It's been nearly a year since 12-year-old Evan Soggin died in a horse riding accident at his Oakton home.
But thanks to efforts by his family and the Reston Raiders Hockey Club, his legacy is only beginning.
Students and families from the club — along with some from Flint Hill Elementary School, where Soggin had completed sixth grade weeks before his death — will honor Soggin with an open skate from 4:30 to 6:30 p.m. today at SkateQuest, 1800 Michael Faraday Court, Reston.
The celebration falls near what would have been Soggin's 13th birthday.
The event supports the Evan Soggin Memorial Fund, created by the family and the Raiders last year to help provide scholarships to children who can't play hockey — one of Soggin's favorite hobbies — without financial assistance.
"He would love the thought of helping other kids get to go to hockey camp, get equipment, and play," his family wrote on the fund's website.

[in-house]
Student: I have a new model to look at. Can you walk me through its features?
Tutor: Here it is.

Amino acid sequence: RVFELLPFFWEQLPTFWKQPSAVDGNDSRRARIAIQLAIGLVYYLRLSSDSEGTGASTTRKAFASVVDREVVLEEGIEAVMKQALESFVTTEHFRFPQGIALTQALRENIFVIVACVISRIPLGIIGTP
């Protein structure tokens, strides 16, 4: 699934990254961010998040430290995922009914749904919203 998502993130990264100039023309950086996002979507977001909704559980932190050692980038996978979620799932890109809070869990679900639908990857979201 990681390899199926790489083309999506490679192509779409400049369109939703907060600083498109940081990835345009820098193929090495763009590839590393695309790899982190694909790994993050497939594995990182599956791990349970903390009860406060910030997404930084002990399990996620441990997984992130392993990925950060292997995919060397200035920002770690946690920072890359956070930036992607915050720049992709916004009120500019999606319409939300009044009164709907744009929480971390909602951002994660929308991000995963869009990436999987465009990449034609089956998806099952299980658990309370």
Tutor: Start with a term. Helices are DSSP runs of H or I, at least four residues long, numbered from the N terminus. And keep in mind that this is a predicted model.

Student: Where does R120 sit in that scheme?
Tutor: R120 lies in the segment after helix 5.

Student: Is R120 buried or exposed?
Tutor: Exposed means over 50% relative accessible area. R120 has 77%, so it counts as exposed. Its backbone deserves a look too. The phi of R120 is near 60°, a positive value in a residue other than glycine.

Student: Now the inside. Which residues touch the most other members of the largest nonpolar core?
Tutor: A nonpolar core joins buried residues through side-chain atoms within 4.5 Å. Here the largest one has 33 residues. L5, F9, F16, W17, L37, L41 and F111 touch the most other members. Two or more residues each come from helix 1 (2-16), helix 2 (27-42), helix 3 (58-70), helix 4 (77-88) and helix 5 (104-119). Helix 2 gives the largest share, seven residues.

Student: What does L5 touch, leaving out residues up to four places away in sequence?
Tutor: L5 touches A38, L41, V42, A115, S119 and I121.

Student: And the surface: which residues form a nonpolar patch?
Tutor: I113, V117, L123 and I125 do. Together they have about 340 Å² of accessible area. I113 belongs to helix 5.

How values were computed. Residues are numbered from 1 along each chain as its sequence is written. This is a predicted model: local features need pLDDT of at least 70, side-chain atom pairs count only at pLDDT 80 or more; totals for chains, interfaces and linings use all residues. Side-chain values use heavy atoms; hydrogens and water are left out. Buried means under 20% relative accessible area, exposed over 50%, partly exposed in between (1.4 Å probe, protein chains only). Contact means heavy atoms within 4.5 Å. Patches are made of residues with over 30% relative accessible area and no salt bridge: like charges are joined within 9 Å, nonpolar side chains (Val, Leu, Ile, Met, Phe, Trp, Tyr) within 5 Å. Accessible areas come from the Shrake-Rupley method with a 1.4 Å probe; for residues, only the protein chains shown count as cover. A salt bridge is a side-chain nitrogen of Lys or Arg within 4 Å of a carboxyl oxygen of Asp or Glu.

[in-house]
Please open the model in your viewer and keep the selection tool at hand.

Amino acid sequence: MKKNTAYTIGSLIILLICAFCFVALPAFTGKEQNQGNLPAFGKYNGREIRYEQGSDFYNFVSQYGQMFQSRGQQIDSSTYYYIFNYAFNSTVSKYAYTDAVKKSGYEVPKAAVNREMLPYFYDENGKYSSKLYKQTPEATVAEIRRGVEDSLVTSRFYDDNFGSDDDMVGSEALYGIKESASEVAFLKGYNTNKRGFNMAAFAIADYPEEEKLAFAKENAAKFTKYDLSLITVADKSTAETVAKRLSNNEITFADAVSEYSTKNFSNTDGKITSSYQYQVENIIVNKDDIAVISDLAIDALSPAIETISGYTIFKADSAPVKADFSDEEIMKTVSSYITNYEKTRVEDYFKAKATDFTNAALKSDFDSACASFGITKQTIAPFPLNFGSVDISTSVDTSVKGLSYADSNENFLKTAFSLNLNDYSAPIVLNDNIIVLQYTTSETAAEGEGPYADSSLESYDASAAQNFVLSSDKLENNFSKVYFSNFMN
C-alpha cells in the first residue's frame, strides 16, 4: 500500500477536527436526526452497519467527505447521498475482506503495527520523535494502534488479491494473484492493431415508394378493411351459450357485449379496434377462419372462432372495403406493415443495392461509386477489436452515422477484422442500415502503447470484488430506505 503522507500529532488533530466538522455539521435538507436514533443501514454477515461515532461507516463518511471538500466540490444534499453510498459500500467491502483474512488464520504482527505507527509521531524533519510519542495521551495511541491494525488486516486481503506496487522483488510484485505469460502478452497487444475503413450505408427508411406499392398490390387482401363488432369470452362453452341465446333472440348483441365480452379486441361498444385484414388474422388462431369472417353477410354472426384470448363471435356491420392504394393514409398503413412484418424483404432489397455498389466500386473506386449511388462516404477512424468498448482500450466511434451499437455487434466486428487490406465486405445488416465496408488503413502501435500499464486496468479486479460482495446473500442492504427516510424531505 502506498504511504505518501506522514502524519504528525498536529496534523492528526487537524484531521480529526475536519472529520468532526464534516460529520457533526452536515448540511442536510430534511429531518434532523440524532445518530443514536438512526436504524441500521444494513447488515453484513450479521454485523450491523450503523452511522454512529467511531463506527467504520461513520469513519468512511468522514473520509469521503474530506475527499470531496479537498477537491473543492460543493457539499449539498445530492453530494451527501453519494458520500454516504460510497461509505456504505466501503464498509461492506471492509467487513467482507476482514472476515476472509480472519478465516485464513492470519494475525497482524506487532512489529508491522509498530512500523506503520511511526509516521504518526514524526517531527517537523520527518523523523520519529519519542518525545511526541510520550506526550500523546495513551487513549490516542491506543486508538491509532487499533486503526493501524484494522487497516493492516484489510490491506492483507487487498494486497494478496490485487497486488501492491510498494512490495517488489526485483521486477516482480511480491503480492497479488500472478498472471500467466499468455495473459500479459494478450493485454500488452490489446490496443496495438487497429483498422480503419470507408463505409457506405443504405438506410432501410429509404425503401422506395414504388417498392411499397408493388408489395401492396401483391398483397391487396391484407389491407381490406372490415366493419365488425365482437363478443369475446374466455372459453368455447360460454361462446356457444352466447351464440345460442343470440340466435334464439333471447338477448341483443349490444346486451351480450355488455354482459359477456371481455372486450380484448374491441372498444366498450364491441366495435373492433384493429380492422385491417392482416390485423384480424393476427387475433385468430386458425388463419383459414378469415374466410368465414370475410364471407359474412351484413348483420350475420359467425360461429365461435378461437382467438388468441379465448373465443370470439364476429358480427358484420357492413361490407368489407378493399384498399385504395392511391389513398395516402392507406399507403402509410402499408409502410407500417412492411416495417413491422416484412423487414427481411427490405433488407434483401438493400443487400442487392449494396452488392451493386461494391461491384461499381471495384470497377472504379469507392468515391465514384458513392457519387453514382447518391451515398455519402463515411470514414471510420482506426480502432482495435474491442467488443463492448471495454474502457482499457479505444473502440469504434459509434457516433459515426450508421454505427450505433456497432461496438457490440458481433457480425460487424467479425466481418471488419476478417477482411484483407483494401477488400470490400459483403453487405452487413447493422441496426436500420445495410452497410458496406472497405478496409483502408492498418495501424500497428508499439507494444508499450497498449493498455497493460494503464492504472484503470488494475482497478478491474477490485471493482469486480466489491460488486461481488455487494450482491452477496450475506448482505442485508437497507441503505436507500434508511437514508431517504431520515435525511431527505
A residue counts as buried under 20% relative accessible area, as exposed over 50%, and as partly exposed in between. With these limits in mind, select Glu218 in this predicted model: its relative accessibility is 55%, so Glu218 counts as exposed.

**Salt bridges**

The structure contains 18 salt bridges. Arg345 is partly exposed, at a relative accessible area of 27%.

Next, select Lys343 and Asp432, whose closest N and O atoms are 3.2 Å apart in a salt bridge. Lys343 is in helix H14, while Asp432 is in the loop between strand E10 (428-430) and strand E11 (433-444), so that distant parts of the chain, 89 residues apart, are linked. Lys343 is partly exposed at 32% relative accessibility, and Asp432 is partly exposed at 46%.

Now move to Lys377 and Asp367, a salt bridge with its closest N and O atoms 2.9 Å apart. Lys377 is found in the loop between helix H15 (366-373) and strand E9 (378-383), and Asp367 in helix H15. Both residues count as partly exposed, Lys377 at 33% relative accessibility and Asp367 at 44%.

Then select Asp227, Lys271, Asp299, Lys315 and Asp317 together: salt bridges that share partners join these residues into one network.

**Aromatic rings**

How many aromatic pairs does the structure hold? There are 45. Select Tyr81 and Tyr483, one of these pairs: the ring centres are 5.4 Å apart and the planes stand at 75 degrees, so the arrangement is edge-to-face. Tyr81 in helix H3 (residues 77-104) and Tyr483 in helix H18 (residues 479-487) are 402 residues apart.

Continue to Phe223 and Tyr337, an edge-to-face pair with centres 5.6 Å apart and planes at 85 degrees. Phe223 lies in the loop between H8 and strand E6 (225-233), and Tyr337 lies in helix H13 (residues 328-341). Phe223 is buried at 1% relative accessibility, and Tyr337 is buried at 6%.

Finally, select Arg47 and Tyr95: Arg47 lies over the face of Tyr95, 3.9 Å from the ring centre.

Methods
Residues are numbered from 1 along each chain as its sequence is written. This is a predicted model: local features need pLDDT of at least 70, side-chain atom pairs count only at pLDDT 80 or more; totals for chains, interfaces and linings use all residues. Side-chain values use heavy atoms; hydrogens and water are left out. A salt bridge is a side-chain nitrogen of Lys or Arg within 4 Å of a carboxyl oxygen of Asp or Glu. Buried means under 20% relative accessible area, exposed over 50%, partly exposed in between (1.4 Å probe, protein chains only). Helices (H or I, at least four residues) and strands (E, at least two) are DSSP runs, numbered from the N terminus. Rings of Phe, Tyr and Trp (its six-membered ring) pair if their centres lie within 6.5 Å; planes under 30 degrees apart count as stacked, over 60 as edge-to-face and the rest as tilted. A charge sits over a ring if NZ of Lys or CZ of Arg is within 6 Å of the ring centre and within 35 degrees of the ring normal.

Club founder Larry Roe, who coached Evan in 2008, laughed last year in an interview with Patch as he called Evan "a little bit of a rambunctious kid [who] liked to have his own agenda sometimes."
That kind of spark paid off often in game situations. Roe recalled his "favorite Evan story," from a game in Baltimore, when the team was losing by one and down two players in the final minutes of the game. Evan and two other players were outnumbered on the ice against five opponents, Roe said, but he got the puck, skated through the entire opposing team and scored.
"He really lifted the team that day and did a great job. He was a good kid who always kept the coach on his toes," Roe said. "We're very sorry to lose a great kid from our hockey family."
With custom-made sneakers in Raiders blue, black and white — "he was Raiders through and through," Club President Chris Kelly said — Soggin dreamed of attending a hockey boarding high school and maybe one day going pro, family and friends said.
But much like his many talents, he had many visions too: He often talked about becoming a Navy Seal, Steve Soggin said.
"He studied them in books, sought out interaction with Special Forces, and supported the Wounded Warrior program," Steve Soggin wrote.
For more information about the memorial fund, click here.